Alzheimer

Alison plans a lasting legacy

Alison Mackenzie from Alford, Aberdeenshire, lost her mum to dementia in 2009 and has put in place plans to leave a lasting legacy for dementia by arranging to leave a gift in her Will, in honour of her mum.

The now part-time Women’s Aid charity worker with a passion for the outdoors, took steps to leave a gift in her Will to Alzheimer Scotland after receiving support not just for her mum but also for the family. Diagnosed with vascular dementia at age 70, Alison’s mum remained at home for over 12 years before moving into a care home where she passed away aged 84.

Alison said: “Mum was diagnosed with vascular dementia when she was 70, and prior to that she had heart problems in her late 60s. Dad was her main carer, but, alongside my brothers and their families, I helped out when I could and found that the information and support from Alzheimer Scotland’s local Dementia Resource Centre in Aberdeen was hugely helpful.

“We were lucky in part as mum was still mum in terms of her personality for most of those 14 years and was happy in herself. There were difficult times, of course, especially in the last two years of her life, but lots of fun times and happy memories too. Mum was 40 when I was born. With three grown up brothers already, I remained very close to mum throughout her life. Growing up she was always at home and there for me through the ups and downs. Even when I married, mum and I remained close, spending lots of times together when my husband often worked away from home.

“As a family, we started to realise that mum wasn’t herself and forgetting some things; we knew something wasn’t quite right. After her eventual diagnosis we quickly found lots of support from different agencies, including the Alzheimer Scotland Dementia Resource Centre, and our local authority was really helpful in terms of the support we received through day care. Mum would take part in reminiscence activities as well as being involved in a singing group, which she loved. We took part in carer groups for information and emotional support which became invaluable at different stages of the illness. In those early days we had lots of lovely times together, often going away on holiday with the family for long weekends and short breaks in Scotland. Mum really loved to get out and about to visit places she loved, such as Grantown-on-Spey and Ballater.

“It was when we linked in with Alzheimer Scotland that I really started to take notice of the charity and what they provided for mum and more so what they offered us as carers. Dad and I attended carer support groups where we had the chance to talk to others and take part in activities. The support and information we received from Alzheimer Scotland was crucial to mum’s care and also to my dad as her main carer for most of the 14 years. I decided that I wanted to do what I could to help the charity continue with its work. My legacy may not fully support research to help find a cure, but I hope that by leaving a gift in my Will, it will help support future families and support Alzheimer Scotland and their commitments to research for a better future.”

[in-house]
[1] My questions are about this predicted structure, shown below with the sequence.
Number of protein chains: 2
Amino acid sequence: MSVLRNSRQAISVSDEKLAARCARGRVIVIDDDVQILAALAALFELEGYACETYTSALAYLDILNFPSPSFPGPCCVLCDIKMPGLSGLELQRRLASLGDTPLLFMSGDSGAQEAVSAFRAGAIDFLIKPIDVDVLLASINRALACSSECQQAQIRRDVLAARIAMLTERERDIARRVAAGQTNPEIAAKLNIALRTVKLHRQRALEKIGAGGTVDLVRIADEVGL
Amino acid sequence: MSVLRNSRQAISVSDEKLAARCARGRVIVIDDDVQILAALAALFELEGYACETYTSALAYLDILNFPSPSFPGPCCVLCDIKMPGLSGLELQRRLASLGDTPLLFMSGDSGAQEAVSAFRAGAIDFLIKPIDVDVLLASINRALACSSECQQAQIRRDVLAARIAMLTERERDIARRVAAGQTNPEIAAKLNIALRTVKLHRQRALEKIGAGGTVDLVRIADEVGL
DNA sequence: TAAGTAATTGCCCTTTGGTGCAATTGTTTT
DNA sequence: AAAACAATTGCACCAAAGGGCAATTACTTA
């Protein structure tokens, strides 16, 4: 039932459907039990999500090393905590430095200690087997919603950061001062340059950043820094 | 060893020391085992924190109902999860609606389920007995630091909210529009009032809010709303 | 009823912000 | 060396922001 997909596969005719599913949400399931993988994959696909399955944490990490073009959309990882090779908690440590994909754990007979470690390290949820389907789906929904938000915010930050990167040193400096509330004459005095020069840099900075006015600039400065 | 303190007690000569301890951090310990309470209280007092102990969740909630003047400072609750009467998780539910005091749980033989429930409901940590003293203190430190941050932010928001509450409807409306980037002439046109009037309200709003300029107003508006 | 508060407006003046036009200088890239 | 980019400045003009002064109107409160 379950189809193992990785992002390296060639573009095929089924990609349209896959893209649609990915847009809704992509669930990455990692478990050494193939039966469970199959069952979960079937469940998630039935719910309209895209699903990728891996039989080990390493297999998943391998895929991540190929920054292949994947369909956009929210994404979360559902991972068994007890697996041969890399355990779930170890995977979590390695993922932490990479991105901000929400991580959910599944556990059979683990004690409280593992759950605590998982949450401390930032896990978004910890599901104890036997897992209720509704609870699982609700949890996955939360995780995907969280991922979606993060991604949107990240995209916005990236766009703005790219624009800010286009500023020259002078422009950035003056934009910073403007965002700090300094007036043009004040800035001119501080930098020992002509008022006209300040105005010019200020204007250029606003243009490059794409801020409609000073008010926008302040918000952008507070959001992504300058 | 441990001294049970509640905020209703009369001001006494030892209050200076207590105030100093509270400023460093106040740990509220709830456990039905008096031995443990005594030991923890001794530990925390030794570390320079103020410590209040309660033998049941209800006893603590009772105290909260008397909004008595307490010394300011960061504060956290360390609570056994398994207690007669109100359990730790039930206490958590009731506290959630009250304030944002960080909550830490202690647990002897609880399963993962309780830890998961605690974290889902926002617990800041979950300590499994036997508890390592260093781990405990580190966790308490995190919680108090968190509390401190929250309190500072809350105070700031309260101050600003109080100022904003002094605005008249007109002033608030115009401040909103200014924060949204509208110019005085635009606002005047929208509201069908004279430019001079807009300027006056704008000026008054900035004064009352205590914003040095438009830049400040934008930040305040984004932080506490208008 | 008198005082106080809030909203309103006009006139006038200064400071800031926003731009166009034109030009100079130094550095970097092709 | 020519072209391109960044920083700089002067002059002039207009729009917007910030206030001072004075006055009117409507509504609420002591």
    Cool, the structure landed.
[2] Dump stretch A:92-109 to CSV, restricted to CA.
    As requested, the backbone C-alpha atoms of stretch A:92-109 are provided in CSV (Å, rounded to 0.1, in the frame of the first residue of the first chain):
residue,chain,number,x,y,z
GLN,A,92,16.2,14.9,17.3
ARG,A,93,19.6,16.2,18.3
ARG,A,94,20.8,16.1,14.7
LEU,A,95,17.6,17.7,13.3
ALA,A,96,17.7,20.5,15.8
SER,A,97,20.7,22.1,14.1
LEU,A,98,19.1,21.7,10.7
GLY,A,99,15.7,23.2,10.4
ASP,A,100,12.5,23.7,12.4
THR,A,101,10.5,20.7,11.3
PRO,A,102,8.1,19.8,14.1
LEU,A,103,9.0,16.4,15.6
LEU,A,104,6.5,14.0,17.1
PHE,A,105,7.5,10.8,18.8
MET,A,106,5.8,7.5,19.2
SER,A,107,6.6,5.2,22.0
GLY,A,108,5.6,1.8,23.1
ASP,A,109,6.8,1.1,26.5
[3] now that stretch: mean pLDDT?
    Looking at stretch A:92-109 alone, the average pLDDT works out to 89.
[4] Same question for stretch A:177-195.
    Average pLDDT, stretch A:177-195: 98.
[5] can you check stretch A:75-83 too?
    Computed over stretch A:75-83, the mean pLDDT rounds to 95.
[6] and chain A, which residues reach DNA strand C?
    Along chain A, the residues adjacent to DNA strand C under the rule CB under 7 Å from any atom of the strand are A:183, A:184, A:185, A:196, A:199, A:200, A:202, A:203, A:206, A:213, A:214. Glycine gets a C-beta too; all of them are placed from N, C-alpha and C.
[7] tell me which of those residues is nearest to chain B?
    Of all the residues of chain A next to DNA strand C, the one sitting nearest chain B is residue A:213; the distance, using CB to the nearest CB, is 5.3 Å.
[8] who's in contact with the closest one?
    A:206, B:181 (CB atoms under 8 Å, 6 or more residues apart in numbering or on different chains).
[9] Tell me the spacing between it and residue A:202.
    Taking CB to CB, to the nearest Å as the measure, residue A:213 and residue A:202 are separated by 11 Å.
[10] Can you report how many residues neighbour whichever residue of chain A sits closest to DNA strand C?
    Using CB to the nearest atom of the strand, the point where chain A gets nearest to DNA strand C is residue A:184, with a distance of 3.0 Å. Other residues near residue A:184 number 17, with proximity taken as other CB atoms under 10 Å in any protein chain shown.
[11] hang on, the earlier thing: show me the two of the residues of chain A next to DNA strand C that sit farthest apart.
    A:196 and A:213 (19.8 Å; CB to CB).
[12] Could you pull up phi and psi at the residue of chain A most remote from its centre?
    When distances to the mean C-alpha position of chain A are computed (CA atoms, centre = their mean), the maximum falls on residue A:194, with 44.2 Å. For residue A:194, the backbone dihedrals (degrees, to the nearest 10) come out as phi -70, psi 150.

Vanessa Rhazali, Head of Central Fundraising from Alzheimer Scotland, said: “With over 90,000 people living with dementia in Scotland and this number on the rise, we are dedicated to supporting people living with dementia, their carers and families, in as many new and innovative ways as we can.

“Legacy giving is hugely important to the future of Alzheimer Scotland’s work. We know that more people than ever – after they’ve provided for their loved ones in their Will – are choosing to include a gift to a cause close to their heart. Our new campaign aims to harness this by highlighting where legacies to Alzheimer Scotland will be invested. Large or small, together they will help ensure that we can continue to support families across Scotland with a diagnosis of dementia throughout their journey.

“Its people like Alison and her emotional story that are helping us to make a big impact on the lives of others. The greatest legacy you can leave future generations is through a gift in your Will to Alzheimer Scotland. We want to help make Scotland the best place in the world to invest in research. And until then, we continue to provide compassion, care and local support to make sure nobody faces dementia alone.”

A gift in your Will means that everyone, at any stage of their dementia journey, can receive 24-hour information and emotional support through Alzheimer Scotland’s Freephone Helpline as well as finding a warm welcome and expert advice across a growing network of local Alzheimer Scotland Dementia Resource Centres.  Legacies also help to ensure that the voices of people living with dementia are being heard, as well as making Scotland the best place in the world to invest in ground-breaking dementia research.

Alzheimer Scotland’s Legacy team are on hand to help discuss in confidence how your legacy can help the future of dementia support and research in Scotland. Visit www.alzscot.org/legacy for more information or email [email protected], Tel: 0131 243 1453.

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